Reply
  34. Meg

    OP1: I had major issue with hemorrhoids a few years ago that was fortunately able to be cleared up with surgery. I trusted my boss, so I brought in a note when I visited the doc. Under no circumstances did I disclose to my coworkers. If you did need to disclose, I think any reasonable person would be understanding if said “I previously said stomach bug because I was too embarassed to say the truth”.

    No doubt someone else has suggested you get FMLA coverage for your condition, should that be appropriate for your workplace. It may provide peace of mind that you don’t have to disclose your condition but that there is a on-record reason for your absence in case management gets concerned.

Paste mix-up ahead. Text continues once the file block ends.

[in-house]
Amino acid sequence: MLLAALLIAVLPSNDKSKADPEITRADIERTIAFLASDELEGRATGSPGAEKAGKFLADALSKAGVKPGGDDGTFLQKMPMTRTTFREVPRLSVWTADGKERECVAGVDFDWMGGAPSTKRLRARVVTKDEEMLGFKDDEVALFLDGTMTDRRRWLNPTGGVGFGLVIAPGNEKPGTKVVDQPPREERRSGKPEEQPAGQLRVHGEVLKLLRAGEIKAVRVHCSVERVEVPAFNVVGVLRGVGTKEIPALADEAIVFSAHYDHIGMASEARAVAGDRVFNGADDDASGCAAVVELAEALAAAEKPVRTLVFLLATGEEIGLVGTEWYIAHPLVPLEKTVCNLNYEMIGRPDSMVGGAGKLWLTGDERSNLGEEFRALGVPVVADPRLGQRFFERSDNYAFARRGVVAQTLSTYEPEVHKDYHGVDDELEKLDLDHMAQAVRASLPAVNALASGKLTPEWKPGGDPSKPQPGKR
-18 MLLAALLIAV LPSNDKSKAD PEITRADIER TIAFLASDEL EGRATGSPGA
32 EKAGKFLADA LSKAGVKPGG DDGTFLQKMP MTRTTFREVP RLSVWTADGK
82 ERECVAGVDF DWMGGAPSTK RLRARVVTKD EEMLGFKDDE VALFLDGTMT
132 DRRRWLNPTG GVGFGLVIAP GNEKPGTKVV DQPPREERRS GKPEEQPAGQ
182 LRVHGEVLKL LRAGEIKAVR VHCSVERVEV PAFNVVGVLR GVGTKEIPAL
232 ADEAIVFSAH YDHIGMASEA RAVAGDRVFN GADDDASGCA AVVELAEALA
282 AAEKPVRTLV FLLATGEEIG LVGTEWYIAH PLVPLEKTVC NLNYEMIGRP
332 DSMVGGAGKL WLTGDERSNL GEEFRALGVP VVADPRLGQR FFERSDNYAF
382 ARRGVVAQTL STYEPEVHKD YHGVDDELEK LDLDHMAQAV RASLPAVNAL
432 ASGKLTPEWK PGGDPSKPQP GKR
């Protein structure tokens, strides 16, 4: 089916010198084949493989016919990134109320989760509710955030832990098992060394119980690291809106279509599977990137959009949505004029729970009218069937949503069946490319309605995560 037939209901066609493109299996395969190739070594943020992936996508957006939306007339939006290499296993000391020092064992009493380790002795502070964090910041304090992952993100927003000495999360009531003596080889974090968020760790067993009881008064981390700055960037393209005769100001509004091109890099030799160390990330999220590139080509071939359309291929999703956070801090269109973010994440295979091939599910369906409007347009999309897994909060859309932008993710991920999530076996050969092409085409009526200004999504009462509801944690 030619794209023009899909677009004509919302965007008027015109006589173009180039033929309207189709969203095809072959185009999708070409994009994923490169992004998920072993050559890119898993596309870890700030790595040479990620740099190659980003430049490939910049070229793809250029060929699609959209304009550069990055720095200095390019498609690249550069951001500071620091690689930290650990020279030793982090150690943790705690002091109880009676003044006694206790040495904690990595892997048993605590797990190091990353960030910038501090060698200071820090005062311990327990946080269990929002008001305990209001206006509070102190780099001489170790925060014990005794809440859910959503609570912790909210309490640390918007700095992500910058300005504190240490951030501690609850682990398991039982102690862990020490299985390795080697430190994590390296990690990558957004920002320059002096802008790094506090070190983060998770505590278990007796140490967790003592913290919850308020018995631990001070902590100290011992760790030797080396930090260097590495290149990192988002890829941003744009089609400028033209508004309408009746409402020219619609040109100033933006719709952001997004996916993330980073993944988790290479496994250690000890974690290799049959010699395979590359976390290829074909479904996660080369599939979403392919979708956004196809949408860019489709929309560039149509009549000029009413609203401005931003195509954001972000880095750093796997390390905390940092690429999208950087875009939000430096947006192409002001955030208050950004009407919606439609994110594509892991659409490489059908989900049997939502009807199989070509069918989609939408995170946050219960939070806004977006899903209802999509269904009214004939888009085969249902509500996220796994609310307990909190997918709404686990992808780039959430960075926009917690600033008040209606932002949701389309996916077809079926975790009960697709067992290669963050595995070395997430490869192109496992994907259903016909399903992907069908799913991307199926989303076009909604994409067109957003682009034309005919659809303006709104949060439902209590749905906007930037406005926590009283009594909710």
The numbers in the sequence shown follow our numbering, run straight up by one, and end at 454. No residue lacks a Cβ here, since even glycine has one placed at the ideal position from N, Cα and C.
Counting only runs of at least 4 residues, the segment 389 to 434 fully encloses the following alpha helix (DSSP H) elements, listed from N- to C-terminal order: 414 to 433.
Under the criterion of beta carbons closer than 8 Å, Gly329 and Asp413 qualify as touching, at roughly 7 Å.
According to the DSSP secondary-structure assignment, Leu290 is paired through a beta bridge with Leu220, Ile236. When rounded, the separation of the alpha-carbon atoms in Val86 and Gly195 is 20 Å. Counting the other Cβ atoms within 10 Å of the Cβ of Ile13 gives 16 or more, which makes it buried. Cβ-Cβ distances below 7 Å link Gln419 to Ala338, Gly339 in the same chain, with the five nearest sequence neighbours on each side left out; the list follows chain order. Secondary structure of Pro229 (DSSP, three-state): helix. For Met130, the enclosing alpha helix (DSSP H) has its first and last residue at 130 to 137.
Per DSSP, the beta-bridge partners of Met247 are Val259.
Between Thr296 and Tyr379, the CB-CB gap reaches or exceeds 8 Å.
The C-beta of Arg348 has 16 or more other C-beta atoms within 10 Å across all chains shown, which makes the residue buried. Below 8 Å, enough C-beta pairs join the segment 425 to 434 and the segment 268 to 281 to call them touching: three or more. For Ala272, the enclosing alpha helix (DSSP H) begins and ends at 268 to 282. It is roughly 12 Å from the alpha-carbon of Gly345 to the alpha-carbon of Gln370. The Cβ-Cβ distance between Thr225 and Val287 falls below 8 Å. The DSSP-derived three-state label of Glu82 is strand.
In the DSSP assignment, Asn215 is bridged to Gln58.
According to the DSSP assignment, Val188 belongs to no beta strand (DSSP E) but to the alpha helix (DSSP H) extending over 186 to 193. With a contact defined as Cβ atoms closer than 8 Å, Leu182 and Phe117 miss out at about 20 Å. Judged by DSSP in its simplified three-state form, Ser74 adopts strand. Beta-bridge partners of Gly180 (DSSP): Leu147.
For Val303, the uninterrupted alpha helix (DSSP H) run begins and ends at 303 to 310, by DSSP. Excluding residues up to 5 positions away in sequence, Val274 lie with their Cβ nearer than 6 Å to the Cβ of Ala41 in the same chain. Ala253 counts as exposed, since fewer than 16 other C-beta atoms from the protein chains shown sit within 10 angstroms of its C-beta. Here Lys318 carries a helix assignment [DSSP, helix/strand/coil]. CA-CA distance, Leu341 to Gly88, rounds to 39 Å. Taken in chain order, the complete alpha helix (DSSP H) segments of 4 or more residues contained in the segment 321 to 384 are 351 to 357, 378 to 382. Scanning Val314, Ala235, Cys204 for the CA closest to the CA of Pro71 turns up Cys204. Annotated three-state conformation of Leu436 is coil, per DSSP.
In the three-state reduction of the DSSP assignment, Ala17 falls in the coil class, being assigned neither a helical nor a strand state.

As a fellow sufferer – my deepest sympathies.

    Reply
  35. AFRC

    OP#4 – I just wanted say that I love this sentence: “Through no fault of my own, I am serving a term on our organization’s Social Committee.” Good luck dealing with the rest of the committee!

    Reply
    1. Is it time to stop decorating?

      agree! This is EXACTLY how I’ve felt every time I’ve been drafted onto a “fun” committee!

      Reply
    2. LW#4 aka Scrooge

      EXACTLY. But my grandboss asked me to do it (HIS boss, the big boss, is the one who got the committee going a few years ago), both grandboss and my boss know how much I hate it, and now it’s become kind of a thing to see a) how much of it I can take while b) still being a contributing member. There is no shortage of shouting about it (me) or mocking me (them).